In a long-awaited judgment dated 12 June 2014, the General Court dismissed an appeal by Intel Corp. against a 2009 decision by the European Commission to fine Intel Corp. €1.06 billion for the abuse of a dominant position in breach of Article 102 of the Treaty on the Functioning of the European Union.  The judgment’s principal finding is that exclusivity rebates granted by a dominant company are, by their very nature, likely to be anti-competitive and that, as result, there is no requirement to demonstrate anti-competitive effect in the circumstances of an actual case.  Such a strict statement of the law can be expected to have a major impact on the commercial strategy of companies with a strong market presence.

Summary of the abuse
  
The original decision by the European Commission (Commission) had found that Intel Corp (Intel) had abused its dominant position in the market for central processing units, the main hardware component of a computer (CPUs), in two different ways:

  1. The granting of rebates to PC and server manufacturers conditional on them obtaining all (or almost all) of their supplies from Intel, and payments to a downstream computer retailer conditional on it only selling PCs with Intel CPUs (“exclusivity rebates”).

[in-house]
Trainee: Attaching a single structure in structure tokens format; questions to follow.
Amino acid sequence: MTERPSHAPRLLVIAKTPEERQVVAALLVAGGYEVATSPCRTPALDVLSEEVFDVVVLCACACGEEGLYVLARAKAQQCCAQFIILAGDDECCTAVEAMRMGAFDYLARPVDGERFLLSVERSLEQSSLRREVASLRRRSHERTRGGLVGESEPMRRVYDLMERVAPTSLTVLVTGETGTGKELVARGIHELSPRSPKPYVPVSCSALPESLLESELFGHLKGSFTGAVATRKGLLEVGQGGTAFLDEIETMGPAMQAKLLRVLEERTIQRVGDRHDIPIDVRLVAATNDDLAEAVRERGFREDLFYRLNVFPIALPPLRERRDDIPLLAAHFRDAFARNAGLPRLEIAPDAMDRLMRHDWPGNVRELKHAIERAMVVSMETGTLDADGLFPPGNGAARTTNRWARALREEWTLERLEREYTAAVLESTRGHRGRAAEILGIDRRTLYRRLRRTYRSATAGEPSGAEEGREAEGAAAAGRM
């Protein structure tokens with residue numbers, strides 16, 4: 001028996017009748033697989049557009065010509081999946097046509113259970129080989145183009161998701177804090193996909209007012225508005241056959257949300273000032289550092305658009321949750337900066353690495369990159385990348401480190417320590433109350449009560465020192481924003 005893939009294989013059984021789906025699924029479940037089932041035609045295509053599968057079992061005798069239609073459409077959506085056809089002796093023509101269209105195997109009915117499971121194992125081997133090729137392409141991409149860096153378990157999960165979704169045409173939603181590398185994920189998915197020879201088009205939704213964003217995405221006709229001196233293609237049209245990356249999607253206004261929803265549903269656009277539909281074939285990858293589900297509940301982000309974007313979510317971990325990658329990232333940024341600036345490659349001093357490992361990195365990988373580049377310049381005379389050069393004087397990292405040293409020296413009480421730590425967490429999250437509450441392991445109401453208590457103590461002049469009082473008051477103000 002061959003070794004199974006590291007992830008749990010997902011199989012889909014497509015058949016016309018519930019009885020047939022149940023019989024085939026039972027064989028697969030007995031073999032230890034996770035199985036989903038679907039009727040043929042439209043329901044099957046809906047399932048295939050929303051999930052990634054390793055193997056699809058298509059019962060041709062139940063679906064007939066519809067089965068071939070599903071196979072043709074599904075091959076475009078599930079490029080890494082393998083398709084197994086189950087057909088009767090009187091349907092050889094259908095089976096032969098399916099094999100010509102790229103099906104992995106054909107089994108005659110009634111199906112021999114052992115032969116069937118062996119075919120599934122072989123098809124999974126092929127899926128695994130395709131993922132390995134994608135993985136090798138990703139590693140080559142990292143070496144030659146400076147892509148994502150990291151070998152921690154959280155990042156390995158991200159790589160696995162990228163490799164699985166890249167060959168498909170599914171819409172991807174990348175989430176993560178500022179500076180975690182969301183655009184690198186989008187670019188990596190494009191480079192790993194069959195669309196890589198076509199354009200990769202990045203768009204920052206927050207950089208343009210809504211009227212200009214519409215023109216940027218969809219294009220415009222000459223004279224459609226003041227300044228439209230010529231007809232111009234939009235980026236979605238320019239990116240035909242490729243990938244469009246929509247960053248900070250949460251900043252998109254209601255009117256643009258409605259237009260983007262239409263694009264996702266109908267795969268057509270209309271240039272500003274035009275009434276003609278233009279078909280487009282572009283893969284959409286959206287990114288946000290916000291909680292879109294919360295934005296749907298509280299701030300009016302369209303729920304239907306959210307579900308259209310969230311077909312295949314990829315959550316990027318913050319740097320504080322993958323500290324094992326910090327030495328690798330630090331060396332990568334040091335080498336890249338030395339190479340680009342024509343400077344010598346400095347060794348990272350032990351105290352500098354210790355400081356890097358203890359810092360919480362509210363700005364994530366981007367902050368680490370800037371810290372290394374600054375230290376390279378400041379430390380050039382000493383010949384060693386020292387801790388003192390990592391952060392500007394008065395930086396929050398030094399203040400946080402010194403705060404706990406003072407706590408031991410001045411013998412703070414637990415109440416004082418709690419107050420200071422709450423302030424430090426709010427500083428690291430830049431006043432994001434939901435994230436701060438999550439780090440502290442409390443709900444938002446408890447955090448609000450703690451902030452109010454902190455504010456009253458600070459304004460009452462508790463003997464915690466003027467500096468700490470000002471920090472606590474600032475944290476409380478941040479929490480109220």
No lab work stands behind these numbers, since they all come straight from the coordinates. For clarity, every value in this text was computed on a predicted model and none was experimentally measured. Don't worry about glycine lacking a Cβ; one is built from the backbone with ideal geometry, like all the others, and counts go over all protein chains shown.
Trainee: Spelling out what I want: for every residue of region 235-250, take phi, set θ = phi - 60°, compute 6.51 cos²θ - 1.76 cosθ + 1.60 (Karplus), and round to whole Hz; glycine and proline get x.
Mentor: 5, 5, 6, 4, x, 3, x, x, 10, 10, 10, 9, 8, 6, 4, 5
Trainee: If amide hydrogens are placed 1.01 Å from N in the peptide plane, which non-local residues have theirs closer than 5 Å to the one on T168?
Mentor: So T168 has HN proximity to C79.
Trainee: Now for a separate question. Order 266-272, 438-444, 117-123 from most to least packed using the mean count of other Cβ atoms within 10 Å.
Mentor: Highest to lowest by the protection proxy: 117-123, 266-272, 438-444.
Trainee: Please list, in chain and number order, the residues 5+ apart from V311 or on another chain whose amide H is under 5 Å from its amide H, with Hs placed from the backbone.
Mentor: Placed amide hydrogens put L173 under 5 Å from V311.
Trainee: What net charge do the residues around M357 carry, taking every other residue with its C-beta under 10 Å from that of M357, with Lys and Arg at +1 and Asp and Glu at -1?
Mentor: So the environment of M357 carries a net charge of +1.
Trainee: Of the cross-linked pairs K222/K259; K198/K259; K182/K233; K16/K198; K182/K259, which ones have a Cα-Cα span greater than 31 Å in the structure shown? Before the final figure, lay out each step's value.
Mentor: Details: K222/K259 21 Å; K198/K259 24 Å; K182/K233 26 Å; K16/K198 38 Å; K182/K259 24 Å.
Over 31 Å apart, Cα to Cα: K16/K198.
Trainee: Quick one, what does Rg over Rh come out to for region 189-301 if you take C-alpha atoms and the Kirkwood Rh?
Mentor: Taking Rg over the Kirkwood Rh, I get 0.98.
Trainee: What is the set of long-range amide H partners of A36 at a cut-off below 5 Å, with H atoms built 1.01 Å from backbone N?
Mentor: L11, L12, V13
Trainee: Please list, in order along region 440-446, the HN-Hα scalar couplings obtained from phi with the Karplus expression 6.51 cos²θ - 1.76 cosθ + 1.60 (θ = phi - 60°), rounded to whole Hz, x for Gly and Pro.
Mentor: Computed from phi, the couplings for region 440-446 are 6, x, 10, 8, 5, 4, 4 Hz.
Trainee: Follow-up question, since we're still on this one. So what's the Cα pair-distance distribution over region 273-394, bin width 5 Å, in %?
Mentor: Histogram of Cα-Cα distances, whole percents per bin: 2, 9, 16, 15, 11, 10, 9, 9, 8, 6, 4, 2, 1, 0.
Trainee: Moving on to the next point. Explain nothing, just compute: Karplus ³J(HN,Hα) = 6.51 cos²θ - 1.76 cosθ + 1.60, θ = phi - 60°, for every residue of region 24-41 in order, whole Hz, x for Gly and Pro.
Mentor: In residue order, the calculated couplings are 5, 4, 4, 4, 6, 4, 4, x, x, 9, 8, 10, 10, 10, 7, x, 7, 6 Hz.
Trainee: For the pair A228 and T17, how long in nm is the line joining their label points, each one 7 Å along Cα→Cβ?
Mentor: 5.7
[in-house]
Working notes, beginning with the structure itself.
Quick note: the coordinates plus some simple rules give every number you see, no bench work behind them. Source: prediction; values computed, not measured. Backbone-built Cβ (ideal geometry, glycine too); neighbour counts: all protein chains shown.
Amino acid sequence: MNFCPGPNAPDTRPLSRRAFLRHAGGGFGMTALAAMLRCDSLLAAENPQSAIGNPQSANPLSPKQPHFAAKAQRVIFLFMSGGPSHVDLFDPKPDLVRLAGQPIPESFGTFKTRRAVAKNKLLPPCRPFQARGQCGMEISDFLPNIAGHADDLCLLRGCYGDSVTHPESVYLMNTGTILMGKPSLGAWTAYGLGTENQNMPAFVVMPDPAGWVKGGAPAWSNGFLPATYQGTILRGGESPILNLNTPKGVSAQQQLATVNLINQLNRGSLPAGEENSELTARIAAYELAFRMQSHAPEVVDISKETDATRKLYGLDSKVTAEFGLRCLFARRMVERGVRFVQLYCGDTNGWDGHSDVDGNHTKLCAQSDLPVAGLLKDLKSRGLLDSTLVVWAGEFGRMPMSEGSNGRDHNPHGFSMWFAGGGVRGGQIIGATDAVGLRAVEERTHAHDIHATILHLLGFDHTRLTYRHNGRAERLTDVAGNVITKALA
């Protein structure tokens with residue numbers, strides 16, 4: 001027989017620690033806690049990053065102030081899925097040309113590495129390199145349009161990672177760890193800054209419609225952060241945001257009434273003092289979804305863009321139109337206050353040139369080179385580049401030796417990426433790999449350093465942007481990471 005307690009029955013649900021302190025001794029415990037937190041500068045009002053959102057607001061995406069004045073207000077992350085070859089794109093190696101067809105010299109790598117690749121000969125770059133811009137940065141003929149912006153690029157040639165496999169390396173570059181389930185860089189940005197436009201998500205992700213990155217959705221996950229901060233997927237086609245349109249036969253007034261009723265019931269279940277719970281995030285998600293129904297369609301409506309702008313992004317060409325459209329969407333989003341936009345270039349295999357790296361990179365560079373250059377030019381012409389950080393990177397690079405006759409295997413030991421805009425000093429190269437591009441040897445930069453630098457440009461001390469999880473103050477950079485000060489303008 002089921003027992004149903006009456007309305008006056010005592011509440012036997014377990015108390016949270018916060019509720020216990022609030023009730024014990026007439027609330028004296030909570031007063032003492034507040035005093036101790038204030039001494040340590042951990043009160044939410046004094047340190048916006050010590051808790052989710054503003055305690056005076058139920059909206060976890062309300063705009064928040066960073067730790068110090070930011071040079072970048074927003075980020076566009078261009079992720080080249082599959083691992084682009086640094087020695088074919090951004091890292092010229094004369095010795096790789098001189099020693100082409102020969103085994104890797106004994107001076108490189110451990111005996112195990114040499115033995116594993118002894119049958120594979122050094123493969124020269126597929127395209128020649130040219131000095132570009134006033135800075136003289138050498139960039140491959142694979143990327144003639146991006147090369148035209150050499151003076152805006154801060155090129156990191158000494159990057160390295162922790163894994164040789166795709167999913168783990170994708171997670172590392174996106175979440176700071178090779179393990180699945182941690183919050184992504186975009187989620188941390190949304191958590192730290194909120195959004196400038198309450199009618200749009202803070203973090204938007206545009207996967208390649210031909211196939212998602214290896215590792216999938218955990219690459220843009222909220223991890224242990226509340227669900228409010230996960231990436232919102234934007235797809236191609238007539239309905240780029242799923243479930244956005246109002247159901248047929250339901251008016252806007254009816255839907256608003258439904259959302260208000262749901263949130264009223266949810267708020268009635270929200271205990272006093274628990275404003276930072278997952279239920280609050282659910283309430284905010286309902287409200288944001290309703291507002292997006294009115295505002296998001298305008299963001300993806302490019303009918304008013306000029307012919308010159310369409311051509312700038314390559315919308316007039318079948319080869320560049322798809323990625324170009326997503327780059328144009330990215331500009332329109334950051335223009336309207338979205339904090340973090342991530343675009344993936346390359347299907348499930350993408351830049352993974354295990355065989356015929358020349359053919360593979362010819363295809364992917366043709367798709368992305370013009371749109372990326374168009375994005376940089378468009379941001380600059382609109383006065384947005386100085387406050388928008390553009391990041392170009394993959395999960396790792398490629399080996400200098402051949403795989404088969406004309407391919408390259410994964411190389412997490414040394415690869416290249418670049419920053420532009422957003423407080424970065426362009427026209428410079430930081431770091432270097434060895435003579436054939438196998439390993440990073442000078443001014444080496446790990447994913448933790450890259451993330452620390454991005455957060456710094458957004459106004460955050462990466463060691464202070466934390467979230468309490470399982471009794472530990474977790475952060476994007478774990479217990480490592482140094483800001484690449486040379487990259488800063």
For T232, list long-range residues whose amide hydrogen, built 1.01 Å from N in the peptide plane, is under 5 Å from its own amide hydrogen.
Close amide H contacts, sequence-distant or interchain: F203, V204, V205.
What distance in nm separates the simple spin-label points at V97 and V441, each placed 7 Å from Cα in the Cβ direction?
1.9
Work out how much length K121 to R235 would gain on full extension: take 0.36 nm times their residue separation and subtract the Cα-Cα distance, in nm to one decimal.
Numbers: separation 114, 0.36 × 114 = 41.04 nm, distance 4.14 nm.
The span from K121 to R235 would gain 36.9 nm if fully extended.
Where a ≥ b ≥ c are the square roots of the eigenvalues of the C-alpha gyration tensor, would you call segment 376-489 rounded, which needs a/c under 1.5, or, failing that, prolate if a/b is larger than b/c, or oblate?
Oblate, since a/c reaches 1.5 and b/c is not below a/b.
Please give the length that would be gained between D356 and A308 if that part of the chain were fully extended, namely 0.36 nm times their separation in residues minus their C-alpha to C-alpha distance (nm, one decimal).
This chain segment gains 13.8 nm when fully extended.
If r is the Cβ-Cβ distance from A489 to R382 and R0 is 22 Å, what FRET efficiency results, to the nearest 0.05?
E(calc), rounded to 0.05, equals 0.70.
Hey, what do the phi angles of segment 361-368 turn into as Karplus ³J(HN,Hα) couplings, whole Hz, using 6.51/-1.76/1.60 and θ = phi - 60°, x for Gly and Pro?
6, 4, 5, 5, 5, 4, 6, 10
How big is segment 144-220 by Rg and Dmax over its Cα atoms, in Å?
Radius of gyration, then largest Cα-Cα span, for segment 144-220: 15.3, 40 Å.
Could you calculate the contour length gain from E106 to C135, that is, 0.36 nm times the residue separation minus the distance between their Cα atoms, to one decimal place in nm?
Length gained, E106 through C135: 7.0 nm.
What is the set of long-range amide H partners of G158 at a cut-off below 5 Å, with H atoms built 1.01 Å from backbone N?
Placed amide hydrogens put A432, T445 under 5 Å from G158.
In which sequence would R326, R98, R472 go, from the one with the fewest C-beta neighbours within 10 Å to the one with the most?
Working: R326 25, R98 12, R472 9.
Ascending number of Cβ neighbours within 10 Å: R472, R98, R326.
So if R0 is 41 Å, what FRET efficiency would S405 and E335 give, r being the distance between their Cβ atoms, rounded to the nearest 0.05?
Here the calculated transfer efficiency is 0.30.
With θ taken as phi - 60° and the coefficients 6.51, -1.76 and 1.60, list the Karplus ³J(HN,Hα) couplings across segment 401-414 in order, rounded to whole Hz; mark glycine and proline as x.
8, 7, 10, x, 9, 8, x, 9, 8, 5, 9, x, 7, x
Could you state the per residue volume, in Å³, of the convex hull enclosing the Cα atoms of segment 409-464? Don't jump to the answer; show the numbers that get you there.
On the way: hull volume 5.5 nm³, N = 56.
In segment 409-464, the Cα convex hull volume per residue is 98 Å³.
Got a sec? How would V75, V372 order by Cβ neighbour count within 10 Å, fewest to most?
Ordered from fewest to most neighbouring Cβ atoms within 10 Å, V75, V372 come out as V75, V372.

2. The granting of direct payments to three PC manufacturers to halt, delay or limit the launch of specific products incorporating chips from Intel’s only significant rival (so-called “naked restrictions”). 

The Commission held that these measures induced the manufacturers’ loyalty and discouraged PC manufacturers from using CPUs made by Intel’s competitors. They also reduced consumer choice by weakening Intel’s competitors’ ability to compete and innovate. Such measures therefore formed part of a strategy through which Intel aimed to exclude its main competitors from the market. 

In an earlier Law-Now article, we summarised the key findings of the Commission and the nature of the evidence gathered by it. Our article today explains the position taken by the Court and considers the main points for businesses to take away. 

The Court’s analysis of the rebates  

Why are exclusivity rebates anti-competitive?